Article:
Clarissa Burden is having a bad day. It’s hot, her marriage is stuck in a bad place, her writing is even worse. A two-time bestselling novelist, she hasn’t written a decent sentence in thirteen months. Instead she pours her mental creativity into fantasizing about the accidental (but not necessarily unwelcome) death of Iggy, her verbally abusive artist husband, sixteen years her senior. After seven years of marriage, Iggy largely ignores Clarissa and instead focuses his attention on photographing and sketching young, pretty nudes in Clarissa’s back garden. He hasn’t touched his wife in years. He resents and scorns her commercial success even as he milks the financial benefits. Things are not good.

Iggy and Clarissa are not the only occupants of the majestic old house Clarissa bought six months earlier. Nearly two hundred years earlier a Spanish woman, Olga Villada and Amaziah, her common-law husband, a free black under Spanish law, lived here with their young son, but were brutally murdered. Now, their spectral presences roam the house. Mysterious sounds—the strains of violin playing, the rolling of a child’s ball upstairs—distract Clarissa, as does the one-armed tree-cutter at her door, who is not what he appears to be. Even the fly in the kitchen (whose thoughts the reader is privy to) won’t leave her alone today.

 

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DEC 9, 2009
NOCTURNES by Kazuo Ishiguro

Music, musicians, strains of regret and longing for what never will be, come together to form Nocturnes, a collection of five short stories by Kazuo Ishigiro. Winner of the Booker and the Whitbread Prize, Ishiguro, an established master of the longer form (Remains of the Day, The Unconsoled, Never Let Me Go) experiments here with lighter, briefer fare and that’s what we get.

A nocturne, musically speaking, is a composition of a dreamy, languid mood. The collection’s subtitle reads “Five stories of music and nightfall.” As only a few of the stories actually take place in the night, it’s clear the metaphorical sense of the word is intended, as well. The twilight hours of a career, a relationship, the sense of time having passed too quickly, choices made that can’t be undone. Ishiguro, who himself struggled to find success in songwriting and music before turning to fiction, knows his subjects well. All five narrators are males, musicians or music lovers, looking for The Big Break, reaching, pondering the harsh prosaic reality of the business.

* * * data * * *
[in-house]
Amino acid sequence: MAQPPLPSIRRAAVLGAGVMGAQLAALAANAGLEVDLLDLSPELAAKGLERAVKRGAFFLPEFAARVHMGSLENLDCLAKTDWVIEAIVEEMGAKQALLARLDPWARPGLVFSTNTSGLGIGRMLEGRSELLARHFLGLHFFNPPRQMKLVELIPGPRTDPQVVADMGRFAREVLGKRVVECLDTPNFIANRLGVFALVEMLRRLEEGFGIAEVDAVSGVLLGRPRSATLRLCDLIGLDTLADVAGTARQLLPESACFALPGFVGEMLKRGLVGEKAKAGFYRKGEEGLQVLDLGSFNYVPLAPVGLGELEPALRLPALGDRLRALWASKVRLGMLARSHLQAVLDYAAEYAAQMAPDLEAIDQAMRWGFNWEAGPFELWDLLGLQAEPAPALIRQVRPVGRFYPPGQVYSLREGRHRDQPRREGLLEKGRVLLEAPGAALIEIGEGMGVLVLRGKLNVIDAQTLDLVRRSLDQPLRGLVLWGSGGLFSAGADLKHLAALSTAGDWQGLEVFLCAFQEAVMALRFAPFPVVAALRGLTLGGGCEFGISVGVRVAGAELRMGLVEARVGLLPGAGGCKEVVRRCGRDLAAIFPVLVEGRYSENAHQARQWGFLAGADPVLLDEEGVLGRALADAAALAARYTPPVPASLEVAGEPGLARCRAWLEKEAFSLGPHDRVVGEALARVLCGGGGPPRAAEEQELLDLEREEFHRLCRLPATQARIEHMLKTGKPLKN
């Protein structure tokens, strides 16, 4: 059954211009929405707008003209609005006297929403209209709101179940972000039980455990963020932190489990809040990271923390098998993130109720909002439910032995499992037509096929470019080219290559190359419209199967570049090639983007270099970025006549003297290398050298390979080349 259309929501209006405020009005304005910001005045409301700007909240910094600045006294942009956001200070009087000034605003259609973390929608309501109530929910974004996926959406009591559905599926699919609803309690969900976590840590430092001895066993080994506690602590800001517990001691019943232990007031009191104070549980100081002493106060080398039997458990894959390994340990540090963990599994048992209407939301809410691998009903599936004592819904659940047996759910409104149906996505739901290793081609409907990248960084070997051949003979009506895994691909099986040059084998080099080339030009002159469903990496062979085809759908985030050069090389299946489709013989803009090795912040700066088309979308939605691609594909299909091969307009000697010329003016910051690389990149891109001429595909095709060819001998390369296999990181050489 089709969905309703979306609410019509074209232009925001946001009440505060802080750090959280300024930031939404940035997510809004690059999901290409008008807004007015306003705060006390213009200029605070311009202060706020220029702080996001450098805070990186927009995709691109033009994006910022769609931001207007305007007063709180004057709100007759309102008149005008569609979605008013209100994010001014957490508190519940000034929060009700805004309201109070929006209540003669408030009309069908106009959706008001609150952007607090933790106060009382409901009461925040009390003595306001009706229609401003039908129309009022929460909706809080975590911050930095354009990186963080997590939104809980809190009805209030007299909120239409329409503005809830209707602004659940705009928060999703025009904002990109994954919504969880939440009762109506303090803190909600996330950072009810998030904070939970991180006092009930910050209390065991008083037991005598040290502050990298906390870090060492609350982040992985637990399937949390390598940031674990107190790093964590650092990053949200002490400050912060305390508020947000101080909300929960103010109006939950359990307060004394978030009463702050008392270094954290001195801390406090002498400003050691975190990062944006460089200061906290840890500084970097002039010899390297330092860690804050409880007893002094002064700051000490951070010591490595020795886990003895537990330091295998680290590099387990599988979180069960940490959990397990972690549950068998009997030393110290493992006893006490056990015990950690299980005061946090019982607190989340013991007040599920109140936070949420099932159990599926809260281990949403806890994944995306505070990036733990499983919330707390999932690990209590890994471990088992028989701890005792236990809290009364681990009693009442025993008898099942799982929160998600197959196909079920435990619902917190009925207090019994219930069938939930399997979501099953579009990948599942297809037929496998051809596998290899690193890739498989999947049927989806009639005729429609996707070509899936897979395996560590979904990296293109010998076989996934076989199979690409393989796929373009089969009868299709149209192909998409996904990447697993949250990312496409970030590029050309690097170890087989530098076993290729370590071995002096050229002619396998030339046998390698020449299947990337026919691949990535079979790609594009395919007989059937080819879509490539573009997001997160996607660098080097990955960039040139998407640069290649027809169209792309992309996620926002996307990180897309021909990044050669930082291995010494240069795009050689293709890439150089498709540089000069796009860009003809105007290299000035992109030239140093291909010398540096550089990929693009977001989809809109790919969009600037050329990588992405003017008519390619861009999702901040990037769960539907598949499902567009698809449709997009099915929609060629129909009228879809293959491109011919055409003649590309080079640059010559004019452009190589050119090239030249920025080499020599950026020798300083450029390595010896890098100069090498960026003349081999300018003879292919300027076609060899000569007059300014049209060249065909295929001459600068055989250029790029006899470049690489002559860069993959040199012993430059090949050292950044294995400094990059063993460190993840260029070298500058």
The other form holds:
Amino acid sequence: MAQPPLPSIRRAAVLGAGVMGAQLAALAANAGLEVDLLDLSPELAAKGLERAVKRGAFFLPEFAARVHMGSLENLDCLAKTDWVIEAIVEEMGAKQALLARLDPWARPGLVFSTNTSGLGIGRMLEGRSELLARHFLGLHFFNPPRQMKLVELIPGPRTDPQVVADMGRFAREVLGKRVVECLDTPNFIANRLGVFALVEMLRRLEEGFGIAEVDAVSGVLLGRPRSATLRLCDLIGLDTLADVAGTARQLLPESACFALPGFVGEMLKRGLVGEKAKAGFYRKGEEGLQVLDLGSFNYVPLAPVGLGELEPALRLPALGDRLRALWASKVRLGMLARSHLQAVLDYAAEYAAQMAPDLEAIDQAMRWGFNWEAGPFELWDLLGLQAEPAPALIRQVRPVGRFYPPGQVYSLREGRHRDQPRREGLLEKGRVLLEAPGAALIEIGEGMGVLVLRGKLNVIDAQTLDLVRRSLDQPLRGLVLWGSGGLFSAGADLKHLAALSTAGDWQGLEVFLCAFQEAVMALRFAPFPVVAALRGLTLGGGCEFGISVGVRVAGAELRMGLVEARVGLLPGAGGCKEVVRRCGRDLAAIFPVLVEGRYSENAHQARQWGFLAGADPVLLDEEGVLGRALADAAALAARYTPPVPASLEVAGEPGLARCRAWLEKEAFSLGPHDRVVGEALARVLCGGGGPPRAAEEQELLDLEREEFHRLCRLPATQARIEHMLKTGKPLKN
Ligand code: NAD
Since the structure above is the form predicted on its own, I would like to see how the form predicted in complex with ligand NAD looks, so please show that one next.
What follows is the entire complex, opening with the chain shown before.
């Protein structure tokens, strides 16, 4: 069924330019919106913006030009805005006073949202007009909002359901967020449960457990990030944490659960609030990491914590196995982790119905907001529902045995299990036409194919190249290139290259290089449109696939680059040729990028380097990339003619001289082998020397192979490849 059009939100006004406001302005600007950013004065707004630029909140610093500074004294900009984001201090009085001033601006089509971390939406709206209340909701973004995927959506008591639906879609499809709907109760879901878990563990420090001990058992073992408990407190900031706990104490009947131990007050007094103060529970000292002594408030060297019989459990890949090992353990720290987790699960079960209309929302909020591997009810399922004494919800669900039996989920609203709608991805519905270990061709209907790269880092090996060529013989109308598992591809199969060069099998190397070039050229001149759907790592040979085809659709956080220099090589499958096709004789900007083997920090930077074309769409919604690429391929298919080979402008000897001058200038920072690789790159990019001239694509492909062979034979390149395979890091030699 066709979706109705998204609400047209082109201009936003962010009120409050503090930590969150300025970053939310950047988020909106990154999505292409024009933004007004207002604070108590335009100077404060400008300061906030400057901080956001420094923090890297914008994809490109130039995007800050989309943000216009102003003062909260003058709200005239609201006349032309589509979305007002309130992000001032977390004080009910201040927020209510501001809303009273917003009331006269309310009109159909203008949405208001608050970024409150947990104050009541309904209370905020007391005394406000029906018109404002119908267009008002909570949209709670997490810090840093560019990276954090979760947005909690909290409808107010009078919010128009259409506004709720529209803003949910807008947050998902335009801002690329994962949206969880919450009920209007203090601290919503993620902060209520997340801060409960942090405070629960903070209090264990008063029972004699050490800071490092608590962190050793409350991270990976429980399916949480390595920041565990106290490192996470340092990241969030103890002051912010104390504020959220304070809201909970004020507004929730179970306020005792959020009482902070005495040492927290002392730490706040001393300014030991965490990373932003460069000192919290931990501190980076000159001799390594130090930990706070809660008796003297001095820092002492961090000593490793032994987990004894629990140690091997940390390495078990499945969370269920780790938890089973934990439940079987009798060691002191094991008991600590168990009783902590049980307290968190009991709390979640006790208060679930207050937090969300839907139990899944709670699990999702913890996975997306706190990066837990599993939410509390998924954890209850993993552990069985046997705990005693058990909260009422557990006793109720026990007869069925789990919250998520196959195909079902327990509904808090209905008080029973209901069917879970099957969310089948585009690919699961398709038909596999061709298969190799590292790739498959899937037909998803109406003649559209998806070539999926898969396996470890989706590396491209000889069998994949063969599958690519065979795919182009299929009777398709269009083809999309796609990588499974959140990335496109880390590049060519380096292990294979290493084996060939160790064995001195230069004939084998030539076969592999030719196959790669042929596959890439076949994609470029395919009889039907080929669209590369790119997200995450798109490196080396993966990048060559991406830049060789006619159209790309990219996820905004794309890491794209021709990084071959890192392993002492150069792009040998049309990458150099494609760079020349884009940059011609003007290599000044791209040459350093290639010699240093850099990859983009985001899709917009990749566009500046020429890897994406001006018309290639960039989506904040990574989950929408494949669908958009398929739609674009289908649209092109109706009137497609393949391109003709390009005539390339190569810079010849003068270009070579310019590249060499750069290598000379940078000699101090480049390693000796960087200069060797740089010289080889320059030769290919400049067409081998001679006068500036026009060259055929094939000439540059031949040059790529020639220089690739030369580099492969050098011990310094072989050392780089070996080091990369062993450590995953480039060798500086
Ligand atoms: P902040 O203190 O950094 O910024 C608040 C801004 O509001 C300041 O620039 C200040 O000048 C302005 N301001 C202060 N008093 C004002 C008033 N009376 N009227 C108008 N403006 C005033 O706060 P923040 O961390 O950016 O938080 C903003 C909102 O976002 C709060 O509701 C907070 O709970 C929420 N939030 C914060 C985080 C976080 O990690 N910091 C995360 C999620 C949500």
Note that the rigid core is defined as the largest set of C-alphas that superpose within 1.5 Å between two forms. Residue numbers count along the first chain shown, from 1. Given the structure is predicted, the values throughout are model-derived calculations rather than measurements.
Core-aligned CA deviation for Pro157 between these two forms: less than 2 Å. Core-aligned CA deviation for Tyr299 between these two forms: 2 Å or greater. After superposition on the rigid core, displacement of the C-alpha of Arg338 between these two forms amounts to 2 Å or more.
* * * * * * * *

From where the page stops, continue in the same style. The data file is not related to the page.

In “Crooner,” set in Venice, a famous singer from a bygone era enlists the help of a café guitarist to serenade his wife for reasons the younger musician hadn’t anticipated. “Come Rain or Come Shine” features an aging bachelor still trapped in the habits of his twenties, who visits longtime friends and becomes an unwitting pawn in their marital quarrel. In “Cellists,” a classically trained cellist is drawn to the praise and advice of a mysterious tutor whose own virtuosity is alluded to but never demonstrated.

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OCT 19, 2009
REAL LIFE & LIARS by Kristina Riggle

In Real Life & Liars, protagonist Mira Zielinski represents a new demographic for our times: hippie turned senior, at age sixty-five still free-spirited and defiant, who has decided to refuse treatment for her recently diagnosed breast cancer. She’s also decided to withhold the diagnosis from her three grown children, as they converge on the family home in Charlevoix, Michigan for a grand 35th anniversary party. As it turns out, however, the Zielinski children are bringing home a few secrets of their own.

Author Kristina Riggle’s intelligent, entertaining debut novel is tightly chronicled, covering four points of view over the course of the party weekend. Eldest daughter Katya is stressed over her unruly teenagers, her husband and his suspicious behavior, her own too-tight hold on maintaining the perfect life. Middle child Ivan, dreamy high school music teacher and struggling songwriter, can’t seem to find the right woman, even when she is right there under his nose. Irina, young and irresponsible, recently saddled with a surprise pregnancy and much older husband, is already questioning the wisdom of this latest impulsive decision of hers.

Amid the weekend festivities is a growing storm—meteorological and otherwise—that promises to bring these disparate issues to a head, bring family members face to face with their problems and each other, clearing the way, however violently, for resolution and redemption.